There are chapels in the village belonging to the Wesloyan and Primitive Methodists. The former is a handsome structure of red brick relieved with yellow, erected in 1869, to supersede an older one, built in 1806. The total cost was £1,200, which was raised by subscription. It is in the Norman style, well lighted, and seated with open benches for 240 persons. An organ was added in 1881, at a cost of £60. The chapel is in the Filey Circuit. The Primitive Methodist chapel is a plain brick building, erected in 1838, at a cost of £180. It will accommodate 100 persons, and is in the Bridlington Circuit.

A school board, of five members, was formed in 1873, and a school, with teacher's residence, was erected the following year at a cost of £1,150. It is a well-designed structure of red brick, consisting of schoolroom and class-room, both well lighted and ventilated, capable of accommodating 116 children. The present average attendance is 90.

The only event of historic interest connected with the parish occurred during the civil war, in the reign of Charles I. Henrietta Maria, the queen of that unfortunate monarch, spent one night here along with her little army, when on her way from Bridlington to York. She is said to have occupied a suite of rooms in the old Manor House. The following entry occurs in the parish register : - " The Queen's Majesty did lie at North Burton with her army the 5th of March 1642."

Thomas Sawden, in 1773, left £80 for the benefit of the poor, the interest of which is distributed every Sunday in bread.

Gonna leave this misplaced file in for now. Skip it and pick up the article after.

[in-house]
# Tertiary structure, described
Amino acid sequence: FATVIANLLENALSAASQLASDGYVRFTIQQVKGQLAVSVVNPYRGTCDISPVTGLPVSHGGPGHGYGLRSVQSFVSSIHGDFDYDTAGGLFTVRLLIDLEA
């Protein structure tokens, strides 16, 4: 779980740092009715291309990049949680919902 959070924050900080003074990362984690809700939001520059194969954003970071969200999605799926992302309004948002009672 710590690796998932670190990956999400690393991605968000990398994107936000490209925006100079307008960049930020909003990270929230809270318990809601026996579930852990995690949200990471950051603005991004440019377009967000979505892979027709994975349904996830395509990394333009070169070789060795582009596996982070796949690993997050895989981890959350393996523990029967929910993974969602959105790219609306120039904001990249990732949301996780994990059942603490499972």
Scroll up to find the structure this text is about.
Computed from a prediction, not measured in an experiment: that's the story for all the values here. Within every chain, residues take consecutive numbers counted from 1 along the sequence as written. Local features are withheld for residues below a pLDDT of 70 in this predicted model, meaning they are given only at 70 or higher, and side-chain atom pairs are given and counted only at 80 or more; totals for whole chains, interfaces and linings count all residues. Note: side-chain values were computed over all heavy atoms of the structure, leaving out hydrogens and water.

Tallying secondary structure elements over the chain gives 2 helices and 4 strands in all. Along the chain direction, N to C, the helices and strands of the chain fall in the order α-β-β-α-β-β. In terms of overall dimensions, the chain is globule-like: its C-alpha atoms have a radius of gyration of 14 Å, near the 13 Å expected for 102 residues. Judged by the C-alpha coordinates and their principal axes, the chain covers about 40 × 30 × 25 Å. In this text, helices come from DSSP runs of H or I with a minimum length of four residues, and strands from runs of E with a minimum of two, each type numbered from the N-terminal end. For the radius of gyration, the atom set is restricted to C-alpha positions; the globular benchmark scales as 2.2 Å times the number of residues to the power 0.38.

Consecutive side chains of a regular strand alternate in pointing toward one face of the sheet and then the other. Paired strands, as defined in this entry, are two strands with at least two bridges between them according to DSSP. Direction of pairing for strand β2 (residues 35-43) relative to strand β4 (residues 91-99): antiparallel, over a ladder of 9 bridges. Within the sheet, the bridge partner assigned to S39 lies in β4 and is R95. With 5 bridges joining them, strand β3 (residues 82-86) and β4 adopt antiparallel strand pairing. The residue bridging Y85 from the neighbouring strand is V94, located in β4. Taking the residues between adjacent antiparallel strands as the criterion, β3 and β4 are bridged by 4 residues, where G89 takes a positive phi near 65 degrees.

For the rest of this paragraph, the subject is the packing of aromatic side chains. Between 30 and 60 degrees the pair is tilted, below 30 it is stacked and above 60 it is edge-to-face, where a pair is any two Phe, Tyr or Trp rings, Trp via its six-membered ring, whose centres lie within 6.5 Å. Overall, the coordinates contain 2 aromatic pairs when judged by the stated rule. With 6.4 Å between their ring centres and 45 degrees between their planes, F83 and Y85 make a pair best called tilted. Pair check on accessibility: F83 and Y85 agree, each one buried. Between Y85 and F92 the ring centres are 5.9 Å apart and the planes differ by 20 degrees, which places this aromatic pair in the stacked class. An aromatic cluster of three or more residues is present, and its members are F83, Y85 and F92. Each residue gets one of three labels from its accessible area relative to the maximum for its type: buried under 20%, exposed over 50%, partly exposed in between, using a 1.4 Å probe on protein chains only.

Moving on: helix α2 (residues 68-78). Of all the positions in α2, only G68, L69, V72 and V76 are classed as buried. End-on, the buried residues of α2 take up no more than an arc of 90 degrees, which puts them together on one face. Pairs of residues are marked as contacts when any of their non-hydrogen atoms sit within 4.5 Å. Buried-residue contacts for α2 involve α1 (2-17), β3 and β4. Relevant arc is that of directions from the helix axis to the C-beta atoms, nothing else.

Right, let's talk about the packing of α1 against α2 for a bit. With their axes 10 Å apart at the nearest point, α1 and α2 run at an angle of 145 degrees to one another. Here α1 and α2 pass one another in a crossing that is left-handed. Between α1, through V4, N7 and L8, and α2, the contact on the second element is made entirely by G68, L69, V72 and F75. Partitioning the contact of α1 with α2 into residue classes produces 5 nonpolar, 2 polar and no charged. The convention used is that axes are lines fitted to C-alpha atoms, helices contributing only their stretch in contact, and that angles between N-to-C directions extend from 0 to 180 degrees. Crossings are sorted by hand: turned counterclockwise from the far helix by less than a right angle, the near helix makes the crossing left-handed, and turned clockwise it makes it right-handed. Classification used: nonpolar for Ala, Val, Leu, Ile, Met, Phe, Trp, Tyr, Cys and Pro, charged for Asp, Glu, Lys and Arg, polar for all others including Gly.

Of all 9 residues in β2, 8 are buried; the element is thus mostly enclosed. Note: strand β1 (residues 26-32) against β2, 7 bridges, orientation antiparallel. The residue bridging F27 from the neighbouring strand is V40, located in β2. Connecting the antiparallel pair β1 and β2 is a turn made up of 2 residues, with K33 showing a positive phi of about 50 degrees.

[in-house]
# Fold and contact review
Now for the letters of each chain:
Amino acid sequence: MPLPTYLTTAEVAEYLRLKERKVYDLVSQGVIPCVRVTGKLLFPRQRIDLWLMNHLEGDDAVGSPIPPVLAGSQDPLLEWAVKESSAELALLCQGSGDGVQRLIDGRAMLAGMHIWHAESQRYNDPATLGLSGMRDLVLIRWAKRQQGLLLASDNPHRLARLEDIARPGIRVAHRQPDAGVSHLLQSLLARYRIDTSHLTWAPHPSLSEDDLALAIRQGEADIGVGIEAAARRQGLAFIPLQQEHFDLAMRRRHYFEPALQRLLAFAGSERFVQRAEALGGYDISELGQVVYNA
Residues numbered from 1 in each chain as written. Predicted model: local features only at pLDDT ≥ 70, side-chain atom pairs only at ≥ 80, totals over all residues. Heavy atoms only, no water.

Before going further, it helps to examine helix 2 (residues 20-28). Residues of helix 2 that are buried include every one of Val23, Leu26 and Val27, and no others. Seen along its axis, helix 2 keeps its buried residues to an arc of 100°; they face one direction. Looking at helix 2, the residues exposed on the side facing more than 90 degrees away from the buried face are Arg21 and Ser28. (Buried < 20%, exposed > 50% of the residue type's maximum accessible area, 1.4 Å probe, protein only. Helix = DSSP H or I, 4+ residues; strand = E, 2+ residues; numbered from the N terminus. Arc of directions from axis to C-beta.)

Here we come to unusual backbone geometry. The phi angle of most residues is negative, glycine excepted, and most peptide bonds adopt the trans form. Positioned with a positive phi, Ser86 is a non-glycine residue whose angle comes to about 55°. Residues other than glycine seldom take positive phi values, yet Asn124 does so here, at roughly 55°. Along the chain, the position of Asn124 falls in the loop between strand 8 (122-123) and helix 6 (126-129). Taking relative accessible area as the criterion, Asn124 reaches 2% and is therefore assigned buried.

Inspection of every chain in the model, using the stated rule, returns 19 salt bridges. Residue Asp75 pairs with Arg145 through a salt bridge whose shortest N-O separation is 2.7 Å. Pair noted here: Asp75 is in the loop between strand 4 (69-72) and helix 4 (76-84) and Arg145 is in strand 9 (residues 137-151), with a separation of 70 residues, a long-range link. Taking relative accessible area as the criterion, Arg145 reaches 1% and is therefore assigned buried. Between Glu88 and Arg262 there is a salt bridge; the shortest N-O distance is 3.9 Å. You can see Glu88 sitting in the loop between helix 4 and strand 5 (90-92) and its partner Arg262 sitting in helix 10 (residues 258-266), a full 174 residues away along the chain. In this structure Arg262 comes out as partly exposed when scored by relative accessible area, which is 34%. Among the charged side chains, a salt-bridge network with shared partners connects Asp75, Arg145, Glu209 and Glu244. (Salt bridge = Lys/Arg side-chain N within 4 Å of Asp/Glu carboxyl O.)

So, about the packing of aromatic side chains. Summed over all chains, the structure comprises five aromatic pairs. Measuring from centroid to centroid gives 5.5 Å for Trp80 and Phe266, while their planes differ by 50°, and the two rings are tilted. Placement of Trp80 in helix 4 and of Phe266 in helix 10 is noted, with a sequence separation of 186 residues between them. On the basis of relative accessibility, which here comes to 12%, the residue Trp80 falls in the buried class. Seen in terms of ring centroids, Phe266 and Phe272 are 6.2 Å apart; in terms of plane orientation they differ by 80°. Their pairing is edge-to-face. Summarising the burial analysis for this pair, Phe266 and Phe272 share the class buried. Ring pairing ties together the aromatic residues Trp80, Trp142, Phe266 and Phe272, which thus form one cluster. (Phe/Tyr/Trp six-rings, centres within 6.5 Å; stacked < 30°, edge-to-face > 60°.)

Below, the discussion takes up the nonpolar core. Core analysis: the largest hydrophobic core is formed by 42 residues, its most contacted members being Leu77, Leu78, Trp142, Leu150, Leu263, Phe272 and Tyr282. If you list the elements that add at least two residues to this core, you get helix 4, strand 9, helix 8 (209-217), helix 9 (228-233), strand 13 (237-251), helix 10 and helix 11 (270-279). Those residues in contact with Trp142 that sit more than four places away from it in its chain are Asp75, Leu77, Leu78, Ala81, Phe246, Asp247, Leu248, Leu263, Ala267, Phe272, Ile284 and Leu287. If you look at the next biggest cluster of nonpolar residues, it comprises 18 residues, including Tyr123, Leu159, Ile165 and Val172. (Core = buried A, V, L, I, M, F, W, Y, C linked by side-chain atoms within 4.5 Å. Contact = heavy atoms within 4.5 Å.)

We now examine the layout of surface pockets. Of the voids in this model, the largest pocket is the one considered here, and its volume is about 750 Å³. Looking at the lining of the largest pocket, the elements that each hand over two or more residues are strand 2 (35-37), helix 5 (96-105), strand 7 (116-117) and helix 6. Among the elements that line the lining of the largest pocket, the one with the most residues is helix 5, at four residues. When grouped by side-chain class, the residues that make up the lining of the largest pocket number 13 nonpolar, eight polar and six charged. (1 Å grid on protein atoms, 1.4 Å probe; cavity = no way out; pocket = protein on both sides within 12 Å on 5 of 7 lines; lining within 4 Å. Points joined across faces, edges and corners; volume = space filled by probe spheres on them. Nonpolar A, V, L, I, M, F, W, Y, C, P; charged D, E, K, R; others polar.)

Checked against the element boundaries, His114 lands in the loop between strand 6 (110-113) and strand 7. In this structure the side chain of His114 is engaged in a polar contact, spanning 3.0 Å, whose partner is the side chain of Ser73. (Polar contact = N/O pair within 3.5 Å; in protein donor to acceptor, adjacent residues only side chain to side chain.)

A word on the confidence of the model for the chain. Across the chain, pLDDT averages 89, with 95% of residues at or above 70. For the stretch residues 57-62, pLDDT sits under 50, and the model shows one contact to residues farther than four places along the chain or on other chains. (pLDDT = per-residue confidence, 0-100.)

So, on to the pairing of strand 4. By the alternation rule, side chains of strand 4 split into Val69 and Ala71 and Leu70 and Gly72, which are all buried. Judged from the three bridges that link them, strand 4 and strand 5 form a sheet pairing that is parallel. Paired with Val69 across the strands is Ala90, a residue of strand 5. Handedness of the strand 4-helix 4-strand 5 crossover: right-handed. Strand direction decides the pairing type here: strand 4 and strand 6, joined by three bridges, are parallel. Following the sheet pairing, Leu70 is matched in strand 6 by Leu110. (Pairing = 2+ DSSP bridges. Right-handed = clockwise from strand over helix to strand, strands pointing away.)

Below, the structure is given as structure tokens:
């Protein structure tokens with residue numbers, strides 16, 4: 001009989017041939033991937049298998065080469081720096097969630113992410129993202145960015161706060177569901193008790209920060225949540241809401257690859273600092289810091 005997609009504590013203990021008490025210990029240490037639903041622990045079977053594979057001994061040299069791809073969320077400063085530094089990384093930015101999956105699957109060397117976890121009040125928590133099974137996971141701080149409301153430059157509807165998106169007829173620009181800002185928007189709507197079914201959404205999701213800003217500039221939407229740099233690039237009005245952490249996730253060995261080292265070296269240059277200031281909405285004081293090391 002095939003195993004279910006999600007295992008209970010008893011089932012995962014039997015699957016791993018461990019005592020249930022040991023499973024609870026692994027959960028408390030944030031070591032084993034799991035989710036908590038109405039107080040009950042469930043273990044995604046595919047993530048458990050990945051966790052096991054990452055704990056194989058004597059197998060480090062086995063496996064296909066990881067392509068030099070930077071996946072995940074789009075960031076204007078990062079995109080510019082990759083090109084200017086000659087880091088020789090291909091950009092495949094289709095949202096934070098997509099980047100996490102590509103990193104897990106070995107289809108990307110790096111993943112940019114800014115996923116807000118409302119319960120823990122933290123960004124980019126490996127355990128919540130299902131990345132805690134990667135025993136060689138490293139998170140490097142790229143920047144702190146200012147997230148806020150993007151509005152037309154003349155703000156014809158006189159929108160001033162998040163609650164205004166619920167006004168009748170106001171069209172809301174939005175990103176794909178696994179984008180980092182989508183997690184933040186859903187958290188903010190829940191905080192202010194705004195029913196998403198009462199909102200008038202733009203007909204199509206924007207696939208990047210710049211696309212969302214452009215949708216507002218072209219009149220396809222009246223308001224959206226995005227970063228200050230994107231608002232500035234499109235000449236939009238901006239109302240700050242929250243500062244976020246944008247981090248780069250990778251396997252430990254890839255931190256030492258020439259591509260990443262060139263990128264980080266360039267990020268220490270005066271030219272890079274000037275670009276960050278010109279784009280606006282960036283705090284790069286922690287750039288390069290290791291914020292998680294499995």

FORDON is a township and chapelry containing 1,464 acres of land and 57 inhabitants, formerly under Hunmanby, but consolidated with Burton Fleming in 1865, though still in the former parish for all civil purposes. Its rateable value is £615. The soil is chalk and wold land, with chalk and flint for subsoil, and produces good crops of barley, oats, and turnips. Col. J. P. Osbaldeston-Mitford is lord of the manor and owner of a large portion of the township; the remainder, excepting 56 acres of glebe, belongs to the Rev. B. Hemsworth, of Monk Fryston. The church, which is dedicated to St. James, is a small plain building, consisting of chancel and nave, with a western bell turret. It was restored and reseated with open benches in 1876, at a cost of £200, raised by subscription. In the north and south walls of the sacrarium are portions of two pillars which appear to have once supported an arch. The font is large and circular, and rests on a prettily-carved base that long lay in a garden at Low Fordon. The register dates from 1584. The living is a vicarage, in the same patronage and incumbency as Burton Fleming. Service is performed once a fortnight.

[Description(s) from Bulmer's History and Directory of East Yorkshire (1892)]


  • Transcript of the entry for the Post Office, professions and trades in Bulmer's Directory of 1892.

Scan, OCR and html by Colin Hinson. Checking and correction by Peter Nelson.